The start of the Christmas shopping season in Germany has left retailers optimistic about an increase in profits after last year's disappointing results. A boost in Sunday shopping seems to be the cause.
Shopping streets, like this one in Berlin, were full over the weekend
"Very satisfactory" is how Hubertus Pellengahr, a spokesman for the German Retailers Association, described the start of this year's Christmas shopping season, which officially opened over the weekend.
Adding to the thus-far positive outcome is the growth of a recent trend in Germany: Sunday shopping. Traditionally, shopping on Sundays was tightly regulated and prohibitted except in a few rare cases. Now, however, an increasing number of stores are opening their doors on the day of rest.
Many simply allow shoppers through their doors to browse for what they might wish to buy on another day of the week. The Swedish furniture chain Ikea, for example, has advertised with the "look only" principle in the hopes that customers will turn out on Sundays when they have the time and come back to spend money during the work week. Car dealerships have started operating on the same notion that comparison buyers want more time before they fork over the money.
But increasing numbers of stores have also opened for full-fledged consumption. Retailers in Berlin, Dresden, Potsdam and Bonn, among other cities, have begun opening on Sundays in an attempt to boast the shopping spirit before the end of the year. The community council in each of the cities allows for four Sunday shopping days per year, as long as none of them are in December.
"This was the initial spark for the Christmas sales season," Pellengahr said referring to store openings on Sunday, Nov. 28, which in Germany marks the first Advent.
The retail association is reckoning with an increase of some 1.3 percent in November and December, up to around €70 billion total sales, compared to the same period a year earlier.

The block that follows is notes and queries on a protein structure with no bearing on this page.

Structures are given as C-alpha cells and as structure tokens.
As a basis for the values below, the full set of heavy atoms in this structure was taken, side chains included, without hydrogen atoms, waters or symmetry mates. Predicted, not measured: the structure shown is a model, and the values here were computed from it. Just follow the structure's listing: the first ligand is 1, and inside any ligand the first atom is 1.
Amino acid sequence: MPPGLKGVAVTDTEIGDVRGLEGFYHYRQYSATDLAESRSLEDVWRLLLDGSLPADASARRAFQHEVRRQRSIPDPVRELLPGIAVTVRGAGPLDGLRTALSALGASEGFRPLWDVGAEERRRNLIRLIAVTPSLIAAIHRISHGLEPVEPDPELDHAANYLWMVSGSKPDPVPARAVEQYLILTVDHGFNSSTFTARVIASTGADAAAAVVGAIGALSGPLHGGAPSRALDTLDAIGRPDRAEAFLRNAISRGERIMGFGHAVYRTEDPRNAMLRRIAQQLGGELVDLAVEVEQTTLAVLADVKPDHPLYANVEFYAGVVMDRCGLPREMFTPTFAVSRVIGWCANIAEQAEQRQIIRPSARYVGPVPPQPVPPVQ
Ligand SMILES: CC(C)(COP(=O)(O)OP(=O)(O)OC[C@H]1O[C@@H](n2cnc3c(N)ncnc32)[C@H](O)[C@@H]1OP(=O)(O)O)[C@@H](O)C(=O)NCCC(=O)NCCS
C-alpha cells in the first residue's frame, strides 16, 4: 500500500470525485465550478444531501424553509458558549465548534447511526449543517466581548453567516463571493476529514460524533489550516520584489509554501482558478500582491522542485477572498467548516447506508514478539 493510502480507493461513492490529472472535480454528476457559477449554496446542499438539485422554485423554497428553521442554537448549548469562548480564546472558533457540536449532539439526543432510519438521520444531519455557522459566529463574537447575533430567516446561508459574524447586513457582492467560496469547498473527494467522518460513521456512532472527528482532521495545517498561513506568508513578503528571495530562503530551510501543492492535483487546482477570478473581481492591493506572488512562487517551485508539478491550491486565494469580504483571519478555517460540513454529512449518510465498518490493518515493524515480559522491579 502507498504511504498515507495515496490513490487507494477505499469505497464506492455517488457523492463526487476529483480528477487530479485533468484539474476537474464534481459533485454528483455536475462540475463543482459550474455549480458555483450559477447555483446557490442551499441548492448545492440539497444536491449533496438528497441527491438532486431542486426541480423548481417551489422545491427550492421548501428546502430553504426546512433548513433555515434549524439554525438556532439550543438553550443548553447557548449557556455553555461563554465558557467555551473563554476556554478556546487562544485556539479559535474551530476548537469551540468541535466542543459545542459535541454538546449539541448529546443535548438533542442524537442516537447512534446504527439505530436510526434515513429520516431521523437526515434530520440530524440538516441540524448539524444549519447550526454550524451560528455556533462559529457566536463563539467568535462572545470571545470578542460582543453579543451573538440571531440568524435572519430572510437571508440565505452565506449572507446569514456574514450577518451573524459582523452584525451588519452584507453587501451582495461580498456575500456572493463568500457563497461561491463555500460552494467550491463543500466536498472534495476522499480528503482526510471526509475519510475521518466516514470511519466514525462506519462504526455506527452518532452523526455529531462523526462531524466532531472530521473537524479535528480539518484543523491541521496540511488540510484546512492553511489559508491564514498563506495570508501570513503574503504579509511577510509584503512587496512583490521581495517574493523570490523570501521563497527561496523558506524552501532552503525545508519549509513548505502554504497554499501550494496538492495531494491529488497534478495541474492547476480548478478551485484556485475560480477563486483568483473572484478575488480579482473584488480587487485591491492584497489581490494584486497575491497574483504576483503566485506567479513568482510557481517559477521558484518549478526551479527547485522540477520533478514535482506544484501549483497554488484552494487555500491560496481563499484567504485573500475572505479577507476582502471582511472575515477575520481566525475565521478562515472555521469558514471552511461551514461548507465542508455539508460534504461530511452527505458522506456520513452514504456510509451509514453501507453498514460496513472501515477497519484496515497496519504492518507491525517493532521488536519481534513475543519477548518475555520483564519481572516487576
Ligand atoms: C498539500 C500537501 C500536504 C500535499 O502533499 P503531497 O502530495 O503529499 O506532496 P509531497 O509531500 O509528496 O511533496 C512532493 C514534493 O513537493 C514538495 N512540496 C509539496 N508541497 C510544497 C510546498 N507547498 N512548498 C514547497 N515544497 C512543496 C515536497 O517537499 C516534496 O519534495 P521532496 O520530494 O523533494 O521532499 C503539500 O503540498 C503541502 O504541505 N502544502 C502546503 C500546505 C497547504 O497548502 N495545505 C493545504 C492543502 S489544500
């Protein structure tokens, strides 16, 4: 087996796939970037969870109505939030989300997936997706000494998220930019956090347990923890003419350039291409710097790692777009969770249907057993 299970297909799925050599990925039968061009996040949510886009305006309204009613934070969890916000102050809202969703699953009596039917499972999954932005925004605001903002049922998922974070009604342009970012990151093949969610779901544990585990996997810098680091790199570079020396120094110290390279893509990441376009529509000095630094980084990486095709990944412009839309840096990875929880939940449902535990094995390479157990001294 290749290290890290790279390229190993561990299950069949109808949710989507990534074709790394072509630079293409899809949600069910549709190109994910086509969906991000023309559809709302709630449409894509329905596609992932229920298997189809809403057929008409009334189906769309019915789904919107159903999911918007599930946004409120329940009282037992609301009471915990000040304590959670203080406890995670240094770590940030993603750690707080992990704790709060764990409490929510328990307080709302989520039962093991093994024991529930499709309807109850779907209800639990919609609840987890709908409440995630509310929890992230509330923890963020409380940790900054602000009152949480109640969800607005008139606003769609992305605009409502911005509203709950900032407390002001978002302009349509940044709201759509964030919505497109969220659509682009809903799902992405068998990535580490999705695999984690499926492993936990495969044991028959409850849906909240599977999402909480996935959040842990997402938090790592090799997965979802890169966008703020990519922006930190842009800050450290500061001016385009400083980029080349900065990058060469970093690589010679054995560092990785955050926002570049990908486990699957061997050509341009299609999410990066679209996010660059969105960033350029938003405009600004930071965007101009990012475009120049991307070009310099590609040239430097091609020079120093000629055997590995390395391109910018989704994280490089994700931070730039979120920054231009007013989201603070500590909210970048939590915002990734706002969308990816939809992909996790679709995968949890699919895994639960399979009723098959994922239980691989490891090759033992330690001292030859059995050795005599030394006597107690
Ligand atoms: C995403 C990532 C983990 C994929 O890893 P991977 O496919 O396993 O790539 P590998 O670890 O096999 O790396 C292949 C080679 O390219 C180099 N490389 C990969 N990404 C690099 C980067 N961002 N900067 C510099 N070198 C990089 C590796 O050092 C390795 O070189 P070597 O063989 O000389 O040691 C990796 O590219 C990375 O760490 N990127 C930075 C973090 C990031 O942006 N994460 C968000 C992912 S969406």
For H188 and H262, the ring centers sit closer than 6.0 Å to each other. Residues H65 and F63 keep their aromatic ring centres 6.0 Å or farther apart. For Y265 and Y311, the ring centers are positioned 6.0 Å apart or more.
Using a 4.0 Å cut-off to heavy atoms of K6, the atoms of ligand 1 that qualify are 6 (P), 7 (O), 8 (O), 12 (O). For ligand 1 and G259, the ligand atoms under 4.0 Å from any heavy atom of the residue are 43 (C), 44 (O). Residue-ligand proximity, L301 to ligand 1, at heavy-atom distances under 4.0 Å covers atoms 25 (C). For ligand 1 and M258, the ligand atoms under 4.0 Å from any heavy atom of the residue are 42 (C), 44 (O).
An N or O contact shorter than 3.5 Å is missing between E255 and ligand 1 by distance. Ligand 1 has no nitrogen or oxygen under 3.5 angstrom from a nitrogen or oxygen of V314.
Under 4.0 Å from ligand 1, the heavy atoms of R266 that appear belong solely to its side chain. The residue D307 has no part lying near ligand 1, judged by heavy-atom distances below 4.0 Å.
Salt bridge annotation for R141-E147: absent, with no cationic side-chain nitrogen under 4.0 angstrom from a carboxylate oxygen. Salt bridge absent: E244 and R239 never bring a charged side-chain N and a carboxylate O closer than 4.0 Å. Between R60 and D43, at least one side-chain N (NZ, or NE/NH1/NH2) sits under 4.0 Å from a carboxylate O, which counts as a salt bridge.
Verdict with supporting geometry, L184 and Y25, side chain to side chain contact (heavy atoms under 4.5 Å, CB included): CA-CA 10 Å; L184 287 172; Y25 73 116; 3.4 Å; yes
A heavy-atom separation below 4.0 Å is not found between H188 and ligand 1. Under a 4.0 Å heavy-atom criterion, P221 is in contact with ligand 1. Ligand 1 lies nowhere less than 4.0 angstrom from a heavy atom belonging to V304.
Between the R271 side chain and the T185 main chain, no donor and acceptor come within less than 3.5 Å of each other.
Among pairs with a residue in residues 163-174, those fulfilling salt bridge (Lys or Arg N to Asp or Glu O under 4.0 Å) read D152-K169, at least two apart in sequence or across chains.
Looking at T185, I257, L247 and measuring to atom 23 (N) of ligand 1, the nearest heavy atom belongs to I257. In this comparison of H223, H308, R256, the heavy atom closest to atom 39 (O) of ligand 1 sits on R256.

A brighter season
Weihnachtsmarkt in Weimar
Despite the positive Christmas season outlook, however, the retailers were sticking to their full-year prognosis for an overall decrease in sales of 0.5 percent. Their hope is that strong Christmas sales will make up for extreme weakness in the October figures, which were down between 1.1 and 1.2 percent from last year.
Over the weekend, sales increases were seen in many areas compared to last year, but above all in the purchase of decorative Christmas items, the association said.
"The mood in the retail branch is lightening up," Pellengahr said. "Germans seem to have gotten in the mood for buying just in time for Christmas."
Compensation for October
According to association polls, the increase in demand began in the middle of November. The industry even hopes to move the entire sales volume into the black by the end of November. In addition, this year's shopping season is longer than last year's by two full selling days, Pellengahr noted.
According to the research firm Infratest-dimap, almost half of those asked said they had less money for Christmas gifts this year than they did in 2003. Some 47 percent said they had the same amount, while 8 percent said they had more.
The retail association speaker said customers should not count on meeting the same wave of price-slashing sales and rebates that swept the stores last year. He said he assumed retailers learned from their mistake last year, when buyers kept their money in their pockets and waited for prices to drop.